QSense OIST Mini-Symposium Talk 7: "An Experiment for Evidencing Entanglement via Gravity: Its Motivation, Challenges and Related Sensing Opportunities"
Speaker: Prof Sougato Bose, Department of Physics and Astronomy, University College London
An Experiment for Evidencing Entanglement via Gravity: Its Motivation, Challenges and Related Sensing Opportunities
(QSense OIST Mini Symposium Talk 7)
A lack of empirical evidence has lead some researchers to doubt whether gravity is a quantum entity. This is often accompanied by the doubt that sufficiently large masses themselves will not obey the quantum superposition principle beyond a certain scale. We show how mechanisms to engineer ever larger superpositions of ever larger masses eventually gives rise to a domain in which the masses involved become sufficiently large to gravitationally affect each other. In this domain, I will present a feasible idea for a test of the quantum nature of gravity based on the principle that two objects cannot be entangled without a quantum mediator. I will show that despite the weakness of gravity, the phase evolution induced by the gravitational interaction of two micron size test masses in adjacent matter-wave interferometers can detectably entangle them even when they are placed far apart enough to keep Casimir-Polder forces at bay. A prescription for witnessing this entanglement, which certifies gravity as a quantum coherent mediator, is also provided and can be measured through simple spin correlations. Further, I clarify the assumptions underpinning the above proposal such as our reasonable definition of "classicality", as well as the crucial aspect of the locality of physical interactions. We note a few ways to address two principal practical challenges: Screening EM forces and Inertial noise reduction. I will also describe how unprecedented compact sensors for classical gravity (including meter scale sensors for low frequency gravitational waves) will also arise on the way to the above grand goal.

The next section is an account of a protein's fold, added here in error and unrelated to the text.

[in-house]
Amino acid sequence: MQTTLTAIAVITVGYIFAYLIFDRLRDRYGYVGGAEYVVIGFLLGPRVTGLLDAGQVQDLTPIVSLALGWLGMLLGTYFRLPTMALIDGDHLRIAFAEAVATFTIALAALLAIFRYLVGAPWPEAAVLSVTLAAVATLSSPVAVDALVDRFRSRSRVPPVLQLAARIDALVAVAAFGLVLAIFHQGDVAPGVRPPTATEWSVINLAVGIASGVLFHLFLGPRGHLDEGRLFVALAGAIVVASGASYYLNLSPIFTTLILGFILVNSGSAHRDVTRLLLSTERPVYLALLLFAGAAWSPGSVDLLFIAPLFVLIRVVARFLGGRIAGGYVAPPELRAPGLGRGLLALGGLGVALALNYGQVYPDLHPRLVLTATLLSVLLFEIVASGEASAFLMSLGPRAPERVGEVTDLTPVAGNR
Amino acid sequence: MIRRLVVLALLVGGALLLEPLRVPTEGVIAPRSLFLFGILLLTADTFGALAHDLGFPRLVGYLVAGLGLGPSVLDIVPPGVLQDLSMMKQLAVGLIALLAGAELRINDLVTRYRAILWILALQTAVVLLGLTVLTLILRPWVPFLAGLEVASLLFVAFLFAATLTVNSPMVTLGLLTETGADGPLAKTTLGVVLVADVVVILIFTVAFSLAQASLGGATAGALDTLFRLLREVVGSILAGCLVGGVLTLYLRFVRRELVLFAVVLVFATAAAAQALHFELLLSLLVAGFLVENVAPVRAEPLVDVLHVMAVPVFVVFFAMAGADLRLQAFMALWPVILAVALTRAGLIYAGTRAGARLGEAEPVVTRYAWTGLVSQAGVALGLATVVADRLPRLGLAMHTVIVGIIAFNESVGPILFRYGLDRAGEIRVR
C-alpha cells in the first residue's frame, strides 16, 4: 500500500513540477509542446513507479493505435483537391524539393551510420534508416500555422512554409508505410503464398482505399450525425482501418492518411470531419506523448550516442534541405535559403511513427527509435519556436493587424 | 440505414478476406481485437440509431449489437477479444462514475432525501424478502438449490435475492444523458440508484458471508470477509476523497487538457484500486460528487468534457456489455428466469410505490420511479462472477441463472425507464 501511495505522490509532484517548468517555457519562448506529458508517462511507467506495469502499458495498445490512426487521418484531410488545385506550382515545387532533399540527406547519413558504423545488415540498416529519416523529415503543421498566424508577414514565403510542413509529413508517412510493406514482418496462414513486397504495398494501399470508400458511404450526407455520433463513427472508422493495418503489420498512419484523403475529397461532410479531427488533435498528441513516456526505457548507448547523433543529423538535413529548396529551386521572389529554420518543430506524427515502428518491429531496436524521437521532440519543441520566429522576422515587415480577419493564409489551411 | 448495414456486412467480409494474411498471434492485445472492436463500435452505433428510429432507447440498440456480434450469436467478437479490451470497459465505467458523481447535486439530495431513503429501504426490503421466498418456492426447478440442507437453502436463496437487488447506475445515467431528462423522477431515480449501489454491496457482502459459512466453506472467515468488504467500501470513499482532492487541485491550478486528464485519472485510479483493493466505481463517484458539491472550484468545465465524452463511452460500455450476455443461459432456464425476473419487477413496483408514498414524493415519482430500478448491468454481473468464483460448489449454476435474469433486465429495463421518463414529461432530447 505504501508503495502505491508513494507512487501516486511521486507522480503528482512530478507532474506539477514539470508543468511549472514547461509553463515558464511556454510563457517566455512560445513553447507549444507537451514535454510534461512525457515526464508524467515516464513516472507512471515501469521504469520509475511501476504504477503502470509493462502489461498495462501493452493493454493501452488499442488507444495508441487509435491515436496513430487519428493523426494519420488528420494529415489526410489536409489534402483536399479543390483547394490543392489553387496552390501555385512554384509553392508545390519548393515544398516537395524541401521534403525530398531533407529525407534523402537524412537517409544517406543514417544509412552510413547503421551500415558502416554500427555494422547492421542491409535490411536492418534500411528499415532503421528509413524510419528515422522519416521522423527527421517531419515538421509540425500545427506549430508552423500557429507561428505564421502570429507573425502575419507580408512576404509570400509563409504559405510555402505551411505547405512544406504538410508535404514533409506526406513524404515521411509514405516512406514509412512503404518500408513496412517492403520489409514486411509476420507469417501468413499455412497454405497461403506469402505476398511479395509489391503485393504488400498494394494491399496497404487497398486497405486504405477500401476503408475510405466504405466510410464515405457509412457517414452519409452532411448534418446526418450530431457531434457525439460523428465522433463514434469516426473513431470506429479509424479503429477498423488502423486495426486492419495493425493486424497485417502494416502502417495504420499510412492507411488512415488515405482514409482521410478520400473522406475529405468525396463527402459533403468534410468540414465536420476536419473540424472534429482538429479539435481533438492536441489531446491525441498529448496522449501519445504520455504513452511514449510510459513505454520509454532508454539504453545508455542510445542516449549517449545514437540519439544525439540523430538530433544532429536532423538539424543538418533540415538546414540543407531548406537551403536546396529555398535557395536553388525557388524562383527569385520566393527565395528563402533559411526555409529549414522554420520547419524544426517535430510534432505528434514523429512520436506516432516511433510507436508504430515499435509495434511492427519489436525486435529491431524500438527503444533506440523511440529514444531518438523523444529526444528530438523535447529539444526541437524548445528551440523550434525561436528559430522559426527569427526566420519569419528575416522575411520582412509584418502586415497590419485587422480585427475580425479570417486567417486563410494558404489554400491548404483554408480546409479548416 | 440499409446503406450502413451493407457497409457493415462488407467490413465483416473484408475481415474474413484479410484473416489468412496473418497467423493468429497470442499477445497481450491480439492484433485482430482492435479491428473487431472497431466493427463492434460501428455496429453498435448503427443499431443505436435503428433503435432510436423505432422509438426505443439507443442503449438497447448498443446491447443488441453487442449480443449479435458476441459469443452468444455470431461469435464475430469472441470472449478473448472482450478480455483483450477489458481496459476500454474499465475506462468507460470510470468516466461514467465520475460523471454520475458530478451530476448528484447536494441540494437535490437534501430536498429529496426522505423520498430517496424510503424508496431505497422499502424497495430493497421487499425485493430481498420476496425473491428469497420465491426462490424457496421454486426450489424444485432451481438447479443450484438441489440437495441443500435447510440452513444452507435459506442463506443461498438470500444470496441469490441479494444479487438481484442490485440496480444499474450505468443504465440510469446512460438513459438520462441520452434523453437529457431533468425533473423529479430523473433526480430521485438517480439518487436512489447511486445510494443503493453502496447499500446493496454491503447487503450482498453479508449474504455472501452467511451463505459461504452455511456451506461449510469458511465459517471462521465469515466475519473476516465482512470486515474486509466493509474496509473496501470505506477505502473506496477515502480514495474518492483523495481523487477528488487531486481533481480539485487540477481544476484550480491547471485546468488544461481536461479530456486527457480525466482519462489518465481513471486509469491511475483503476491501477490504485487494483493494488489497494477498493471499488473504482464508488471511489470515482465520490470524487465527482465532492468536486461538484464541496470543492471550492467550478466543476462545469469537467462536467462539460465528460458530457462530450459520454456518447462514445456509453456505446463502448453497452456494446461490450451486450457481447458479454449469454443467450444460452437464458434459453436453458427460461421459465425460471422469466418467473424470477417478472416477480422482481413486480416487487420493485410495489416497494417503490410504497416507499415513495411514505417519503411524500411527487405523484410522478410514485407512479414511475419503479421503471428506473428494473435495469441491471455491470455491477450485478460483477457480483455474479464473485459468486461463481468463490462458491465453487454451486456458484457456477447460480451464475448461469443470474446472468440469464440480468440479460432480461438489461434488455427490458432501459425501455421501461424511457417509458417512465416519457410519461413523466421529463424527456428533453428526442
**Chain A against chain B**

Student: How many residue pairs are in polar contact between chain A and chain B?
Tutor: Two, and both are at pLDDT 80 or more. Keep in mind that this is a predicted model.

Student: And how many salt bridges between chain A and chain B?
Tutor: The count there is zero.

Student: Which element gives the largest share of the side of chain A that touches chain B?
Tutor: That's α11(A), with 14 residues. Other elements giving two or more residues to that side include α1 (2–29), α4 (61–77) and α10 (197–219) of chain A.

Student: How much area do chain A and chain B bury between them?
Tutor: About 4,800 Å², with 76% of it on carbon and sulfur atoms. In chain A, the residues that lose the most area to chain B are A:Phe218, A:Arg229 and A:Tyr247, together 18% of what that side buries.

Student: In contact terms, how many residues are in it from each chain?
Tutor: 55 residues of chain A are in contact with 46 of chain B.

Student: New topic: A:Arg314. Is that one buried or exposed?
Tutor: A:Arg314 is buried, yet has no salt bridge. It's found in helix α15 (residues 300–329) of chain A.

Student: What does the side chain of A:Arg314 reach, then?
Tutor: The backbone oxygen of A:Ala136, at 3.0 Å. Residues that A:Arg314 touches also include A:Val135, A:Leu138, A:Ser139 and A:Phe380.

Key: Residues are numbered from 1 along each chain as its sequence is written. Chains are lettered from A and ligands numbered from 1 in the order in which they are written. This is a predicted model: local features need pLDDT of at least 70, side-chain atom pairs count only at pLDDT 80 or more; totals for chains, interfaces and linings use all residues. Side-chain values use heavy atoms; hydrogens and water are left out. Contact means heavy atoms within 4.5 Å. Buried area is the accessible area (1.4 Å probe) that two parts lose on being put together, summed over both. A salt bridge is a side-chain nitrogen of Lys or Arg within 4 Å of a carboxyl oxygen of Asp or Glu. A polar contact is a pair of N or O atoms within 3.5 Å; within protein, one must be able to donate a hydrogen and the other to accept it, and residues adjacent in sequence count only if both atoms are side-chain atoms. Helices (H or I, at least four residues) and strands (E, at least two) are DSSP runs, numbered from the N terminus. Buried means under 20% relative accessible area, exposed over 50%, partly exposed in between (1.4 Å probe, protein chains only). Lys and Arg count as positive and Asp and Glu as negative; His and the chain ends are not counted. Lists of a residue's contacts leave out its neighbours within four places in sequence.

OIST Mini-Symposium for Quantum Sensors of Magnetic and Inertial Forces
This mini-symposium is hosted by the Quantum Machines Unit in the Okinawa Institute of Science and Technology Graduate University, and will take place from Feb 1, 2021 - March 5, 2021. To get the precise schedule and zoom invitation please register below. Attendance is open to any student/faculty member from any of the institutions associated with the speakers.
Quantum systems are extremely fragile, sensitive to noise and fluctuations by their environments. This, in turn, makes them excellent sensors for a variety of forces and fields. In this mini-symposium we focus on the development of novel quantum sensors which are aimed at the precision sensing of inertial forces such as acceleration or gravity, and magnetic forces.
Such sensors - accelerometers/gravimeters or magnetometers, have a widespread application in industry such as sensing underground water movements using gravimeters, through to magnetic brain imaging using magnetoencephelography. Each week we hear from three international experts on these topics in hour-long seminars and discussions.
For more information, visit the QSense website.